I heard Phil Klay on MSNBC talking about his fiction book entitled – Redeployment – and I was intrigued. The first thing that grabbed me was the fact that the book is fiction, a group of short stories. Klay is former military (see more about him below) and from what I’ve seen, many war books written by young men of his experience/background, they tend to write non-fiction, so he had me hooked. I also noticed his book was a 2014 National Book Award Winner. Very impressive.
I wanted to read Klay’s book for research. I’m currently writing a few Amazon Kindle World series books involving the military. Reading pure romance books on the subject of military lifestyle wasn’t satisfying my need for authenticity, especially when I’m in the head of my male characters.
I’ve been watching online videos on snipers and reading books written by Navy SEALS. Klay’s anthology is my latest attempt to get a feel for an authentic voice for the character I will be writing shortly. Since my market is generally women readers, I have to temper any research with how I would write a story for women, but I do love discovering male voices that connect with my own life experiences, similar to the guys I worked with in the oil fields. (Yeah, I have stories.)
I feel I must warn readers interested in this amazing book. It’s taken me awhile to read through it. The first person voices in these stories are intimate, poignant, and gripping. They are presented without judgment. It’s a stark reality without any solutions or answers, but I found an honesty to it. These stories have gotten me down and I find I have to pace myself in reading them. I read at night and there are some days I can’t pick up this book, but I love the rich distinctive style of the voices in this anthology. I highly recommend this book. No question. This book would make an interesting read for anyone looking for a good character study.
5 TIPS ON RESEARCH:
1.) GET IT RIGHT – Research is important for authenticity, to insure your book doesn’t get thrown against a wall. There are women readers serving in the military, so I would have to “get it right” for them, yet still appeal to a woman’s desire for romance.
2.) NEVER OVERDO – Too much jargon or acronyms can bore a reader. In my crime fiction books, I will use police procedural language in dialogue, but find a quick way to explain what things mean after I first mention it. It can be tricky, but reviewers have liked the subtle way I do this, without overkill that can slow the pace. It’s all about balance.
“You have TOD, doc?”
Chambers knew the medical examiner would be challenged to estimate time of death, given the conditions of the body.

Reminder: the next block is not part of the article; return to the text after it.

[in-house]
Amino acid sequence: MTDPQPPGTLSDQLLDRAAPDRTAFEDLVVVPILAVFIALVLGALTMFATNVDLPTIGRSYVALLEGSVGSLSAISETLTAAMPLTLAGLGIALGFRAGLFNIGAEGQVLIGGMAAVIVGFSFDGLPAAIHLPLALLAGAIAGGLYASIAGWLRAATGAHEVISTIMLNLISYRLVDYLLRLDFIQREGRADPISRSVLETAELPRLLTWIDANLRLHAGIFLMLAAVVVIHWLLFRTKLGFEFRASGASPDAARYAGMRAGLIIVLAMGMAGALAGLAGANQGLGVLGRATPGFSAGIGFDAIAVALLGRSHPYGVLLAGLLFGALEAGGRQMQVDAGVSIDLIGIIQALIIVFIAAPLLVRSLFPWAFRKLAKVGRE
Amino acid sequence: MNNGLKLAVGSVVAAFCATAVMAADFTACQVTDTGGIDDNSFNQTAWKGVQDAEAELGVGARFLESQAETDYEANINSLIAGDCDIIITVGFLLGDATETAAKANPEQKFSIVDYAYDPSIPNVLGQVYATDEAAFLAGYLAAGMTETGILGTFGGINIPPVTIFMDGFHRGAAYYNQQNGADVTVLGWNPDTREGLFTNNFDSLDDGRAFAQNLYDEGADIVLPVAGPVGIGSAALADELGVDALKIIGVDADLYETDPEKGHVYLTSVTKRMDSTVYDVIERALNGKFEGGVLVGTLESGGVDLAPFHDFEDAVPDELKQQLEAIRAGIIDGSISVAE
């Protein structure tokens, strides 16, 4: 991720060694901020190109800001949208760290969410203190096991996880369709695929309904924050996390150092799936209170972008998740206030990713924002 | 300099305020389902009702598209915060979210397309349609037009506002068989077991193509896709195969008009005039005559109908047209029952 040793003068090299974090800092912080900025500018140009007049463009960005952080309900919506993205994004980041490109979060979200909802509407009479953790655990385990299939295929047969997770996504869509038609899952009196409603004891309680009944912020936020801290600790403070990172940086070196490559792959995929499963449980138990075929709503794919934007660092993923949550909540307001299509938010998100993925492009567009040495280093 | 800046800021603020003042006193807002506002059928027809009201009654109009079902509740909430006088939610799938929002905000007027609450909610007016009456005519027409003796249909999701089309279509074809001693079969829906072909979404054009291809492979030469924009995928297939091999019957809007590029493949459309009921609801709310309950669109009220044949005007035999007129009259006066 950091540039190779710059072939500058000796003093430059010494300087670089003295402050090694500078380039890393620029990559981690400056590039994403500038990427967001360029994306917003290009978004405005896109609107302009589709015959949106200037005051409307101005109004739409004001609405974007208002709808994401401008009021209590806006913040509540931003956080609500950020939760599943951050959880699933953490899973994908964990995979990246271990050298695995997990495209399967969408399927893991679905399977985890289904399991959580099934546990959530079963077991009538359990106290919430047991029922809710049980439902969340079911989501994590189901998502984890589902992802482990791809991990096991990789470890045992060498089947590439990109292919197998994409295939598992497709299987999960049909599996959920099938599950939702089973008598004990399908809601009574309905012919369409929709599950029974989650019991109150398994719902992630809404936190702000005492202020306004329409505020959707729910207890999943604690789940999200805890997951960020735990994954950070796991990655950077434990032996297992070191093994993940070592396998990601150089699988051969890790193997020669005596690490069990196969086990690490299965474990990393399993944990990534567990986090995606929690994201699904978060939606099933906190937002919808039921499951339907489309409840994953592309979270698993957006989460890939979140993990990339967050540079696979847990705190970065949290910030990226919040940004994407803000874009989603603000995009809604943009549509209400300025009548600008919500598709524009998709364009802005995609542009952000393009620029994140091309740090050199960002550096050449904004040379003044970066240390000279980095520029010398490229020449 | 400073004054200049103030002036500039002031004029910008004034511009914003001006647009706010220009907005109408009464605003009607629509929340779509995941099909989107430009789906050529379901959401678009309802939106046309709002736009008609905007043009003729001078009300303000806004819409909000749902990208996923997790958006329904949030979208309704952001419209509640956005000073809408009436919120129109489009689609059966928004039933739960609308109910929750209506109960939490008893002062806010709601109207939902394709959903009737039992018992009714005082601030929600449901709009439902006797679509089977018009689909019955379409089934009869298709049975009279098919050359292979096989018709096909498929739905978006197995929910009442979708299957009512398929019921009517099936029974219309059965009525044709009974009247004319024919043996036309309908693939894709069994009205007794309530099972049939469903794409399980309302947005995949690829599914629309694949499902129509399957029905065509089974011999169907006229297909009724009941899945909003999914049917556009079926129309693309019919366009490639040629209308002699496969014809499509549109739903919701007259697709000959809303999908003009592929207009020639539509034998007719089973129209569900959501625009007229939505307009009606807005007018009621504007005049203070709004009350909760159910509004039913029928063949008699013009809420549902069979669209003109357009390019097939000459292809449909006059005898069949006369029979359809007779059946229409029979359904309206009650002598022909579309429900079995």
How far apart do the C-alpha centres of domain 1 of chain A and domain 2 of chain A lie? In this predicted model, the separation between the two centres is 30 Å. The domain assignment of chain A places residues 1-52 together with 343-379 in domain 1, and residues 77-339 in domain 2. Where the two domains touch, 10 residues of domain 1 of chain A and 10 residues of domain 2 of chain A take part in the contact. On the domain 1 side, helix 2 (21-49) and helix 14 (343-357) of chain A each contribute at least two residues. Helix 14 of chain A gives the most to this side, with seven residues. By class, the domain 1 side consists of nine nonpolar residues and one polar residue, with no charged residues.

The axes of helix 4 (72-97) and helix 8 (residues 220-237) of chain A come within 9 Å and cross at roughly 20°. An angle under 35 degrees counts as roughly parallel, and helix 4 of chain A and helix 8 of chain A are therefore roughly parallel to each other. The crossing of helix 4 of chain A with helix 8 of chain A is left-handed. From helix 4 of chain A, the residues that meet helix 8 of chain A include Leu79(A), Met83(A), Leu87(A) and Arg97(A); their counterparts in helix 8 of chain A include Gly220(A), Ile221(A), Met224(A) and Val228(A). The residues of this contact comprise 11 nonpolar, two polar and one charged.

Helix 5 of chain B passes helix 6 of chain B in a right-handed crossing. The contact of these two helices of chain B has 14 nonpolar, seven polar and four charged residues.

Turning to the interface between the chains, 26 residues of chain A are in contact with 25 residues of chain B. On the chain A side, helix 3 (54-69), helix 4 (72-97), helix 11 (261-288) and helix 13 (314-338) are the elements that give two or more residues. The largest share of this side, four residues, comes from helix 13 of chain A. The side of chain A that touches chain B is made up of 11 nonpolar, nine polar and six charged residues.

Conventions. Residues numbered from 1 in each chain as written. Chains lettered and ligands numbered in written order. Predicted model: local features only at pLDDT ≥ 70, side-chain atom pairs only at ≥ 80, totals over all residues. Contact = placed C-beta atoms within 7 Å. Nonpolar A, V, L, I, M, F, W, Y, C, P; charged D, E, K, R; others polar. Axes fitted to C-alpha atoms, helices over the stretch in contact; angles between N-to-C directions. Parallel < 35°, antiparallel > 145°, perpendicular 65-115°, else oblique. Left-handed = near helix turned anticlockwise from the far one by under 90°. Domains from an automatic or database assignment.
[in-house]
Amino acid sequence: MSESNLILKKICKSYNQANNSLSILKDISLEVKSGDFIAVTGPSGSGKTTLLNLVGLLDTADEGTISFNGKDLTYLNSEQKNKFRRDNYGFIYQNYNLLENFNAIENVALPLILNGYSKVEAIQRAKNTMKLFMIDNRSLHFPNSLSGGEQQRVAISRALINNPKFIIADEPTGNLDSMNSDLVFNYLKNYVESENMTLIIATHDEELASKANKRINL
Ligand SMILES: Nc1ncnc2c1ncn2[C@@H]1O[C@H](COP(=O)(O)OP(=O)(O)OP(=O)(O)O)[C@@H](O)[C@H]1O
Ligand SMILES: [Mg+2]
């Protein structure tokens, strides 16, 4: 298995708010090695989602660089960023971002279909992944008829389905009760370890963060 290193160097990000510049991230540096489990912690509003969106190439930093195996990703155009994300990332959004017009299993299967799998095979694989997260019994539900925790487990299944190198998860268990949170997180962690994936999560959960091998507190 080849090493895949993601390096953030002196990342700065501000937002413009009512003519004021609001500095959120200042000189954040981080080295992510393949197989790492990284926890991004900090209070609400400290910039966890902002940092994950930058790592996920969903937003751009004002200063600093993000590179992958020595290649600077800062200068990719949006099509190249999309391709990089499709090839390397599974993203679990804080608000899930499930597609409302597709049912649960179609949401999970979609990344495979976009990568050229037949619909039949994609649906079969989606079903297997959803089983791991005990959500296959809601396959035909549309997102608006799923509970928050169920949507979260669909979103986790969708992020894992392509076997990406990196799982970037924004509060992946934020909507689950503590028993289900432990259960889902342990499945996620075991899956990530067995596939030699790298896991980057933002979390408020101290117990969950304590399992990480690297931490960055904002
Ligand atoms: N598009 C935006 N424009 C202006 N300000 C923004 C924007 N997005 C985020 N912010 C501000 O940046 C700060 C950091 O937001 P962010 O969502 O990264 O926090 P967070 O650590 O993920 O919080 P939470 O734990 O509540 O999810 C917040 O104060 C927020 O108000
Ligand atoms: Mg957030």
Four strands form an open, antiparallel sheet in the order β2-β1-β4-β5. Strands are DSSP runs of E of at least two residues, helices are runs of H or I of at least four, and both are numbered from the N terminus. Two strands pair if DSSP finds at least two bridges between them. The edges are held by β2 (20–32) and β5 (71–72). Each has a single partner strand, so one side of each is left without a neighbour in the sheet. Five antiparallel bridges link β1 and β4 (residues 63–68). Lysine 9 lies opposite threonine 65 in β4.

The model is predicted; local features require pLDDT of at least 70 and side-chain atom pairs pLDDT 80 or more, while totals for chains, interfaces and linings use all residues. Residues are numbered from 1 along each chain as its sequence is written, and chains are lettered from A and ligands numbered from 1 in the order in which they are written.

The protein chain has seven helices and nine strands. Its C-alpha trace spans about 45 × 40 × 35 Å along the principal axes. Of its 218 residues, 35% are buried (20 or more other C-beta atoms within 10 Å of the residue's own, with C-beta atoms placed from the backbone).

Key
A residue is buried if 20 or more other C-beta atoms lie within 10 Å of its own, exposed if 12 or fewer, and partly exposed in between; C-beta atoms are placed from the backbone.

3.) CAPTURE THE ESSENCE – Read research related books or watch videos to get a general feel for an attitude, lifestyle, or the types of characters and their backstories you want to portray, but NEVER copy another author’s work. To prevent the temptation, when I read books like Klay’s, I jot down notes of ideas for my own book, then set the research book down for days/weeks before I start on my story and I never read books like this WHILE I am writing. In fact, I don’t read books in the genre I’m writing while I am in the midst of a project. Your mind can put words onto the page subconsciously. Your story MUST be your own, to retain your own voice.
4.) NEED VISUALS – For action scenes or locations, search online for your own visuals. Practice describing what you see, to get your own interpretation as seen through the eyes of your character. If you have video, use your ears too. What sounds do you hear on location? What other senses can you pry from your own experiences? Using all the senses can be a rush, especially if they spring from your own life.
5.) FILL IN THE GAPS – Once you get your character’s voice in your head, add other things that fill in around him. How does he or she dress? How do they live? Who are his/her friends? Who does he/she trust? What baggage does he or she carry? What’s the last thing he or she would do, then make them do it in your story – to face their demons. This gets into character – another topic – but my natural next step after I get a distinctive voice in my head, is to fill in a visual of my character’s life. Then I’m ready to write.
1.) What research books have stayed with you long after you’re written the book?
2,) Do you have any recommended reading for me on authentic military action, jargon, and dialogue?
ABOUT THE BOOK
Phil Klay’s Redeployment takes readers to the front lines of the wars in Iraq and Afghanistan, asking us to understand what happened there and what happened to the soldiers who returned. Interwoven with themes of brutality and faith, guilt and fear, helplessness and survival, the characters in these stories struggle to make meaning out of chaos.
ABOUT THE AUTHOR
Phil Klay – Author Phil Klay is a veteran of the U.S. Marine Corps and served in Iraq’s Anbar Province from January 2007 to February 2008 as a Public Affairs Officer. His writing has appeared in Granta, The New York Times,Newsweek, The Daily Beast, New York Daily News, Tin House, and The Best American Nonrequired Reading 2012. Klay is a 2014 National Book Foundation’s 5 Under 35 Honoree.
“In Klay’s hands, Iraq comes across not merely as a theater of war but as a laboratory of the human condition in extremis. Redeployment is hilarious, biting, whipsawing and sad. It’s the best thing written so far on what the war did to people’s souls.”
–Dexter Filkins, The New York Times Book Review